Course Orientation

Some sounds are timeless.

This class attempts three things: 

  1. To situate ancient concerns throughout political intellectual history such that those concerns are brought to light in contemporary discourse. 
  2. To introduce students to dialectics as a method of analysis, political reflection, philosophical discussion and view of that which stands and gives shape to life in “civilization.”
  3. To equip students with a constellation of three interrelated terms: Capital, Democracy, and Populism; through historical deep dives favoring functional definitions of concepts rather than abstract notions constructed a priori.

These attempts, it will be shown, are simply that. No class can hope to connect the great thoughts of great thinkers throughout history, across languages, times and places sufficiently such that students become masters of those greats. However, the idea of our course is an attempt at gaining a vantage point on the progress of political theory itself – not in its answers but through its questions. To that end, the readings selected for the course may, at times, fall outside the confines of a “period” class, but the concerns raised by selected authors should be taken as perennial.

Plato’s famous Allegory of the Cave is one of the most succinct problematiques for learning politics and philosophy. If I can assign one thing that summarizes how utterly difficult it is to have a politics, to present it clearly, have it understood, and then, somehow have it willingly adopted, it is the Allegory of the Cave.

I shall refer often to thinkers and their political theories who have not been assigned to the reading list. These thinkers will be referred to through links, video, and other outlets that display their philosophies or otherwise offer cuts into their thoughts. I am not at liberty to read Attic Greek, nor Latin and I do not want to misrepresent myself or our tasks as one of truth preservation throughout history or of faithful translation of meaning throughout time. Many of the theorists referred to and mobilized will be referred to tangentially and the links provided are recognized sources within political theory and philosophy…or at least do a reasonably faithful job in philosophical exegesis.

Instead, we will link the thoughts of the ancients to our present time through historical arcs constructed around key vocabulary. We shall see that capital and conquest went hand-in-hand for the Hellenistic Greeks, that Plato distrusted democracy to deliver a just society, and that populism contains the germ of the polis which concerned Aristotle. In these ways, the course displays the progression of political thought through perennial problems, and ones that must be addressed if one is to be a student of politics.

If there’s one thing that this class should show you, it’s that there are perennial problems with lots and lots of different answers situated throughout history. Billy Joe seems to be fighting a perennial problem…the idiot in “democracy.” We’ll see why we need to pay attention to idiots and the conditions in which they’re found and why, and how they’re connected to politics.

We will not concern ourselves too deeply with definitions handed down from on high. Our theorists will give us the start and our job is to batter the bulwarks of definition with empirical reality in an attempt to make our definitions lived and felt. Political discourse must be seen as more than mere squabbling and be taken for its material effects. Our thinkers will display a method of thinking and inquiry that can be called “dialectics,” or “dialectical.” In a short hand, but rough and ready way, we may think of dialectics as the interplay of seeming opposites in the construction of reality. Our world has been made by the struggles of history that have given shape to our intellectual history, the inheritance of our political and philosophical language, and the contours of the environments in which we find ourselves. One should see the history of a term as undergoing change and challenge throughout time, and our job is to carefully examine them as they change and as they stand currently. We will do this by interrogating our texts through careful reading; looking for the terms and the contexts in which they are used to seat a definition – and we will carefully and respectfully argue for our positions. If, as Marx wrote in his famous Manifesto “The history of all hitherto existing society is the history of class struggles,” then class struggle must be found – empirically – in evidence of every society that stands or stood and this can be found in the clash of opposites.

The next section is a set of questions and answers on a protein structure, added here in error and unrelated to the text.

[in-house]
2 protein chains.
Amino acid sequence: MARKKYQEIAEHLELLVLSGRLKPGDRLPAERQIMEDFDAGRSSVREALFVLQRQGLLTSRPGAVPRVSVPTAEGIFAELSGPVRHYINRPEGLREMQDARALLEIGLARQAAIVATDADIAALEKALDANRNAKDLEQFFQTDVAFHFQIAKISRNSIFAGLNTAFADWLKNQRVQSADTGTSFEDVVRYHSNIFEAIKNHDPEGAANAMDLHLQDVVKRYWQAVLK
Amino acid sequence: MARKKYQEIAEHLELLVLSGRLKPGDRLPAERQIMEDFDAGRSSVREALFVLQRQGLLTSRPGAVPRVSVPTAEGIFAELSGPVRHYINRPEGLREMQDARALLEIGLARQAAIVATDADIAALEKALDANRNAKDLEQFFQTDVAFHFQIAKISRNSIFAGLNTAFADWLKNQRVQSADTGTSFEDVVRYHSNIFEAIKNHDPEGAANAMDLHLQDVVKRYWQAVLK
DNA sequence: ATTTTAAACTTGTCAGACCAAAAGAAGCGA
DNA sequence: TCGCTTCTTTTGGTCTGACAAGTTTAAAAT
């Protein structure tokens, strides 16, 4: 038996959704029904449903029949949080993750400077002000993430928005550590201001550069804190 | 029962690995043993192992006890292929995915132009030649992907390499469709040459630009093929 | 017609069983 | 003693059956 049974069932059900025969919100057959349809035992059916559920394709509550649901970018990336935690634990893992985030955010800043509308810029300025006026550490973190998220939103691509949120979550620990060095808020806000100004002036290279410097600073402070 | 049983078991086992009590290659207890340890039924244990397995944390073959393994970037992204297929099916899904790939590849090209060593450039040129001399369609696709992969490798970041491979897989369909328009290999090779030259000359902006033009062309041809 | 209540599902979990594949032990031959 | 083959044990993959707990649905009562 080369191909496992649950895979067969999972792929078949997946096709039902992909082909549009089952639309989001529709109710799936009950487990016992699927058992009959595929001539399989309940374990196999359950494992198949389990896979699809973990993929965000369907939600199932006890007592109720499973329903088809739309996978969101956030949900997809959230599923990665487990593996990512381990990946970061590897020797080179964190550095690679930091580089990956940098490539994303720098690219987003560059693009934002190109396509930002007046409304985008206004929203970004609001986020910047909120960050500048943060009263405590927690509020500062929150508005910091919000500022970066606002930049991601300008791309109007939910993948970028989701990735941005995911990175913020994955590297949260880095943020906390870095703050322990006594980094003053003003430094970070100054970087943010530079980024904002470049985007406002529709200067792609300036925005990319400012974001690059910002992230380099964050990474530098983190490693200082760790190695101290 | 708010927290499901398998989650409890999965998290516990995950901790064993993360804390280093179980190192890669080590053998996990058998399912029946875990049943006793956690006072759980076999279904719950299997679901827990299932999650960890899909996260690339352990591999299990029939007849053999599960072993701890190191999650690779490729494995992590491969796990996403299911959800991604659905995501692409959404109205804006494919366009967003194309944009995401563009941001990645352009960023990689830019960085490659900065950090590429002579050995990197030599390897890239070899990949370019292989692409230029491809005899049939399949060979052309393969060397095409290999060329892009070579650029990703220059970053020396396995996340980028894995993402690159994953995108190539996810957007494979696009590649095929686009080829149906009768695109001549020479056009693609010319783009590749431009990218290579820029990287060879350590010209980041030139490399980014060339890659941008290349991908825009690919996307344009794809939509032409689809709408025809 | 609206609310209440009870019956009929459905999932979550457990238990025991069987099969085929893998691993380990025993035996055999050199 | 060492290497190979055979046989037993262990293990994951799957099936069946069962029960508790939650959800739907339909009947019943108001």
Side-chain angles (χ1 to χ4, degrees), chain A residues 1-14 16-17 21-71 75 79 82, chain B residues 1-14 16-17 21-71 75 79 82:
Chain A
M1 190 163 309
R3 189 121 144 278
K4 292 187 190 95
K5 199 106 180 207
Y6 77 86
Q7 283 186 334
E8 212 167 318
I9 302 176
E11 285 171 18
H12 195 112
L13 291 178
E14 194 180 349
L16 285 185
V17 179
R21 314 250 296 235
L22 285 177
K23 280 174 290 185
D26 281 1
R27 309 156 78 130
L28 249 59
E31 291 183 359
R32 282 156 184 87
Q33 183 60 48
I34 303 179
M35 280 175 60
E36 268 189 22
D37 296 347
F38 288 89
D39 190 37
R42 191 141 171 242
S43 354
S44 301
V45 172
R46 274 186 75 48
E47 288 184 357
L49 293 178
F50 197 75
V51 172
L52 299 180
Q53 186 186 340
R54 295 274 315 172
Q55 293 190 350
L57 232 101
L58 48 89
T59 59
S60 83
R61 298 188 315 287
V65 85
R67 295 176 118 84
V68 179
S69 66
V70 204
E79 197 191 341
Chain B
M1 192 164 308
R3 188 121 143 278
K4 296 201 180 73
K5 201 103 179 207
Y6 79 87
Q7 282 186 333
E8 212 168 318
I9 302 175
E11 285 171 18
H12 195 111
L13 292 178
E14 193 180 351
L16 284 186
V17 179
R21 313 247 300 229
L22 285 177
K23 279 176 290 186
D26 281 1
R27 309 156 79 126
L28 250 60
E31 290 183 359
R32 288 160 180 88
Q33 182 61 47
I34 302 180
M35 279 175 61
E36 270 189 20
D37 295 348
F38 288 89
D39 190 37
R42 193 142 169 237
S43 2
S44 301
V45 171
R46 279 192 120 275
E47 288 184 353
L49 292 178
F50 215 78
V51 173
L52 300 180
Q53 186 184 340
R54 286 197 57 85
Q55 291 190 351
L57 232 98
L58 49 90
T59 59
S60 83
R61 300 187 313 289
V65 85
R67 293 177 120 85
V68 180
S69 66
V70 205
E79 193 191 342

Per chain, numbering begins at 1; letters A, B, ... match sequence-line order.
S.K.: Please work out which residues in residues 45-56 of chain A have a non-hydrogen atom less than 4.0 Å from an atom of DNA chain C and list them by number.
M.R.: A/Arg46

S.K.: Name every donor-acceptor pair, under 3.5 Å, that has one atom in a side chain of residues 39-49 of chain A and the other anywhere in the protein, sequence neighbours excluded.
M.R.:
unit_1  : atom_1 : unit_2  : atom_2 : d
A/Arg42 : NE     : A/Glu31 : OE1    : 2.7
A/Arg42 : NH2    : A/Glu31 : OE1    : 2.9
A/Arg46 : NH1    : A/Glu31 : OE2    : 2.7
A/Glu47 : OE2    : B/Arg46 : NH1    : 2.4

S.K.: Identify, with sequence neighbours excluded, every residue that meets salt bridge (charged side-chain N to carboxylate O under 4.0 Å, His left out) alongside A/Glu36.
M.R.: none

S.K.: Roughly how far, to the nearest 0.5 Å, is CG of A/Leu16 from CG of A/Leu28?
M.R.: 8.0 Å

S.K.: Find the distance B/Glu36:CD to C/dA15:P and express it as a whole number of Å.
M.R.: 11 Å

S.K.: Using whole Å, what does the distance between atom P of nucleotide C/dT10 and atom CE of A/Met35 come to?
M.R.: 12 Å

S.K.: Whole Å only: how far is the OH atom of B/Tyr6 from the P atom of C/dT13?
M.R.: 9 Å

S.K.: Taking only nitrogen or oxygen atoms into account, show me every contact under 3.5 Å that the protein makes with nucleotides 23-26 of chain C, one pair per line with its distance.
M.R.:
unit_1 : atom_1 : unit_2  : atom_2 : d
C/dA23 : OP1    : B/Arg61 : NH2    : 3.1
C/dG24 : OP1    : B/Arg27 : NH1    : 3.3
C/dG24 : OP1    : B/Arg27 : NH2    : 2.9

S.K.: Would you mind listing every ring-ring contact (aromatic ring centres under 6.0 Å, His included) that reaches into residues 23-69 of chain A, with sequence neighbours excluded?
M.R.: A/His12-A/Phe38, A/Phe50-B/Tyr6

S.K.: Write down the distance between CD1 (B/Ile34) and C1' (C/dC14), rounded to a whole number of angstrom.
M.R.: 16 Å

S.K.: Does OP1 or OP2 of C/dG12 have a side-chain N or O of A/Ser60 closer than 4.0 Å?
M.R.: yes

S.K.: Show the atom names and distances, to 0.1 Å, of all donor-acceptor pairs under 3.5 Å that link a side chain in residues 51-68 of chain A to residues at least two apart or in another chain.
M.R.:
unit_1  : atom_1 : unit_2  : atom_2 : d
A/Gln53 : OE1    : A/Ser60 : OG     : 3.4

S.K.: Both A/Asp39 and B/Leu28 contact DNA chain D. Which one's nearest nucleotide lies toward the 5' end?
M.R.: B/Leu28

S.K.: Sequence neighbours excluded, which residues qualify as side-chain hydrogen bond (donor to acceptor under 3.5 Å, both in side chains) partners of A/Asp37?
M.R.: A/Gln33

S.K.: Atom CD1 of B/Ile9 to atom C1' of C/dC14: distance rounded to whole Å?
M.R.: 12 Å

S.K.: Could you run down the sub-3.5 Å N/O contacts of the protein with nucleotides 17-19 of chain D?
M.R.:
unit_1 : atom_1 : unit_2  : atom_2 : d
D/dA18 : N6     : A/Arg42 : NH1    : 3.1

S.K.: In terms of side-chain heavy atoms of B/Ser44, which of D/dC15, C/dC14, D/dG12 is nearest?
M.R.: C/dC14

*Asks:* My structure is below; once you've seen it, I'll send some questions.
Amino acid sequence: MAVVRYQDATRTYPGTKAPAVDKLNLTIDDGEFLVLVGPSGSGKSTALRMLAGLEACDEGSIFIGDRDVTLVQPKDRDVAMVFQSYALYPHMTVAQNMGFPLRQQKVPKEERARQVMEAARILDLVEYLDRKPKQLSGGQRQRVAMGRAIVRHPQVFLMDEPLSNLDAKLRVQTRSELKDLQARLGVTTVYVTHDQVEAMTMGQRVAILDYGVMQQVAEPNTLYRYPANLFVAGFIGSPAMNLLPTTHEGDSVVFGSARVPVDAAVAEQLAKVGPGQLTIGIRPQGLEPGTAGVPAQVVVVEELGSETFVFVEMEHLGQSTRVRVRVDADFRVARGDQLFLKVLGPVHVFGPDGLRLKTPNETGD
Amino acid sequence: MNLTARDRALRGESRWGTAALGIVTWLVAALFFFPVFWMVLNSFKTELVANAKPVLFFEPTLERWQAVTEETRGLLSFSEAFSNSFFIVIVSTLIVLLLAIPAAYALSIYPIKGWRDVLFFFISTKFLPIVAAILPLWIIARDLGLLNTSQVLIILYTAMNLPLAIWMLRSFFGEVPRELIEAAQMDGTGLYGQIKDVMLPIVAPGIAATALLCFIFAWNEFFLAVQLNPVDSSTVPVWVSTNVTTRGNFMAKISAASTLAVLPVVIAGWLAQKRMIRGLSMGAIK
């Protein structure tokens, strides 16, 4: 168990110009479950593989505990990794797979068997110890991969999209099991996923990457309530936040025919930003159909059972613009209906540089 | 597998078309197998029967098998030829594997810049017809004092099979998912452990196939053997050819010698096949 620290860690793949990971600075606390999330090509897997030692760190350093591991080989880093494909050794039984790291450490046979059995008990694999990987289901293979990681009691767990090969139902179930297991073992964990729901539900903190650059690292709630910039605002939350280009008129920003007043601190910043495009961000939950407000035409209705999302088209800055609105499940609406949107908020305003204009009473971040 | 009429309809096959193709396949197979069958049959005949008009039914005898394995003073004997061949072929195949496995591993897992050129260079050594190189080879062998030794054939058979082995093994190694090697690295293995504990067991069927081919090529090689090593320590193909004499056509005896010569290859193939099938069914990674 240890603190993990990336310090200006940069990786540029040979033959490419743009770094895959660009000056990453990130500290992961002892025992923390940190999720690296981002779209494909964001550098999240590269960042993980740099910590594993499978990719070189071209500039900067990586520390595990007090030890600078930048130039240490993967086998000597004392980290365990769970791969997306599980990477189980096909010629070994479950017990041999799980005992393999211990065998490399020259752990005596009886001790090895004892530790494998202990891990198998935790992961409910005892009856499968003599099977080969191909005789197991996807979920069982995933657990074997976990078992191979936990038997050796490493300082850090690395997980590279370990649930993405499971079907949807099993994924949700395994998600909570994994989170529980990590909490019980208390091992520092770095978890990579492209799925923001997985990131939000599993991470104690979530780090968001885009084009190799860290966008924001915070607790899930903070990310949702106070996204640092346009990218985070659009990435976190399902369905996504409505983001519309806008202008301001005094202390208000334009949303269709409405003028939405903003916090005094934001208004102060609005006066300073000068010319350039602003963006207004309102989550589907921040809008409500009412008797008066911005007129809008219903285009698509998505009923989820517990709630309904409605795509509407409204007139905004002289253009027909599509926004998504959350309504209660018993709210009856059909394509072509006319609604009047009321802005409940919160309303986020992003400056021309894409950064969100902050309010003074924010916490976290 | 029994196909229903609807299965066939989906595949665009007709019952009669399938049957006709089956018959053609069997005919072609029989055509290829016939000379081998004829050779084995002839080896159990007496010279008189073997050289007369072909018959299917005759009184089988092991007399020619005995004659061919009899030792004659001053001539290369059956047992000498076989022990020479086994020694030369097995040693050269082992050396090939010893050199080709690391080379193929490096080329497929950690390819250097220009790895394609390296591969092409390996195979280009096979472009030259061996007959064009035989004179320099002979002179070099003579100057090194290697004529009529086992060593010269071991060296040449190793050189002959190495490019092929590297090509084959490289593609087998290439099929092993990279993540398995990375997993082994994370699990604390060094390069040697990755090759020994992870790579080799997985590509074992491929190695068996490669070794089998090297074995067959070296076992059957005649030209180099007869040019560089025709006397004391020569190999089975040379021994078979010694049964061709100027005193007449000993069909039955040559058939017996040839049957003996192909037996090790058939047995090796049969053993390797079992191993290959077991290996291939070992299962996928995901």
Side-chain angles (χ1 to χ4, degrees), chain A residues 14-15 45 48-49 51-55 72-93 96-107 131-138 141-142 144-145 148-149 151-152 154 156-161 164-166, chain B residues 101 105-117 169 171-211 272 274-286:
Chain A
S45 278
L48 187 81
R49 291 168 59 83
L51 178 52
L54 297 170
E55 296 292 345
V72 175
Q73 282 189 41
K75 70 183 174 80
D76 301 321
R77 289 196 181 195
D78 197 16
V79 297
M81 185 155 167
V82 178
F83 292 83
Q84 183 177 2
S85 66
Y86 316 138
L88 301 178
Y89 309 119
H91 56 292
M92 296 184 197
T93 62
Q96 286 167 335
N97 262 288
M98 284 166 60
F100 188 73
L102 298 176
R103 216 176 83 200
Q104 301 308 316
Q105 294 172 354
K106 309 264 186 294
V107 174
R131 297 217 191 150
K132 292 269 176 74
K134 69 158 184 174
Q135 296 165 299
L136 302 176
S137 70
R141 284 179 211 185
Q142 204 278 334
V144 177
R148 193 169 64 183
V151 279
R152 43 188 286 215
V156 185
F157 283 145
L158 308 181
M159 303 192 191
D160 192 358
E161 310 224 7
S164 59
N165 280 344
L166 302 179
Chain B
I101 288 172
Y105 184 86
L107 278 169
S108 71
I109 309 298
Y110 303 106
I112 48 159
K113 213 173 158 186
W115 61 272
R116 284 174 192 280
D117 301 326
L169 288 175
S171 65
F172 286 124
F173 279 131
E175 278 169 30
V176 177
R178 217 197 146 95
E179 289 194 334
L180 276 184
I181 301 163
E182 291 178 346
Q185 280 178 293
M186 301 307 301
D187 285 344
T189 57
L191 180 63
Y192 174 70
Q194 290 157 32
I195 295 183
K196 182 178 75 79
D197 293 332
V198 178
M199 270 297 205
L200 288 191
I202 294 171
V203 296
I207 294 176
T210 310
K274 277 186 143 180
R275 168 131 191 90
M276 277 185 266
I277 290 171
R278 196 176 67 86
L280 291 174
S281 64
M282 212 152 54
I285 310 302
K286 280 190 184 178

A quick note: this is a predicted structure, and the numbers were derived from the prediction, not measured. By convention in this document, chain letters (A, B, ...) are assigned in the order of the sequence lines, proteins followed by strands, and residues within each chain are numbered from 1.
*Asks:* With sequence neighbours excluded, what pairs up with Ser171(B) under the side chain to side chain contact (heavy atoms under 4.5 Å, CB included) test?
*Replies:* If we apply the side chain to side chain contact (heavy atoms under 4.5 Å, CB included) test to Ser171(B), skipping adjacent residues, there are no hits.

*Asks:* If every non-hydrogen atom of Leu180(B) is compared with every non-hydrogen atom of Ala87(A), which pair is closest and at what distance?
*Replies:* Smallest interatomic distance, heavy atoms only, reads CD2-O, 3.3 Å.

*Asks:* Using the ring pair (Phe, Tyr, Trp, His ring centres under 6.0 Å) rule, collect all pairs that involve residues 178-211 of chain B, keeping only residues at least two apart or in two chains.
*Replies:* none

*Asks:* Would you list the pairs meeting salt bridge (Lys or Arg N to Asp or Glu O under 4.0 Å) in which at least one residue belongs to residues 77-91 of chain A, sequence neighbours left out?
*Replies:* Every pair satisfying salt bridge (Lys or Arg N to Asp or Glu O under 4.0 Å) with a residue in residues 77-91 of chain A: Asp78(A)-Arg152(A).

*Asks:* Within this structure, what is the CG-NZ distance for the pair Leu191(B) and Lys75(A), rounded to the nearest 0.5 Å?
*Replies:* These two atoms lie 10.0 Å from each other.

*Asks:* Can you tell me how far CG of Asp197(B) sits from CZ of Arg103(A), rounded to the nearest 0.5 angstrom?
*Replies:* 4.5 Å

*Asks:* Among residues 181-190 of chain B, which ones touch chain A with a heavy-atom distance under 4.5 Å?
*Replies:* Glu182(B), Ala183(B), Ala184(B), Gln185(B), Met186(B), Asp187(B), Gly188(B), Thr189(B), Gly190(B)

The United States is and was a grand experiment in political thought. It emerged from the stings of battle, to be sure, but also from grand philosophical schemata, changes in the mode of production, and the history of argument within the crumbling English monarchy. Our capitalist republic persists but the meaning of those terms “capitalist,” and “republic” are and have been contested through philosophical and theoretical fisticuffs as well as the bodies of those who threw themselves into the fray for their ideals. Our task is to see how terms are mobilized, how they get their meaning and from where they come in understanding the firmament of our lives. 

They’re in the water. Trump’s populist charge against established political ideals shows another side of republican and Republican politics. The rejection of Bernie Sanders by the Democratic establishment displays relationships to capital and history on both sides. At stake in both currents is the shape of democracy, and with it, the contours of our civilization. The terms and the thinkers we examine are alive and continue to live with us. They are legion but we can only consider a few as we jump through history and come to connect our milieu with theirs and, in so doing, make the past live again.

Featuring a local philosopher, Francois Debrix.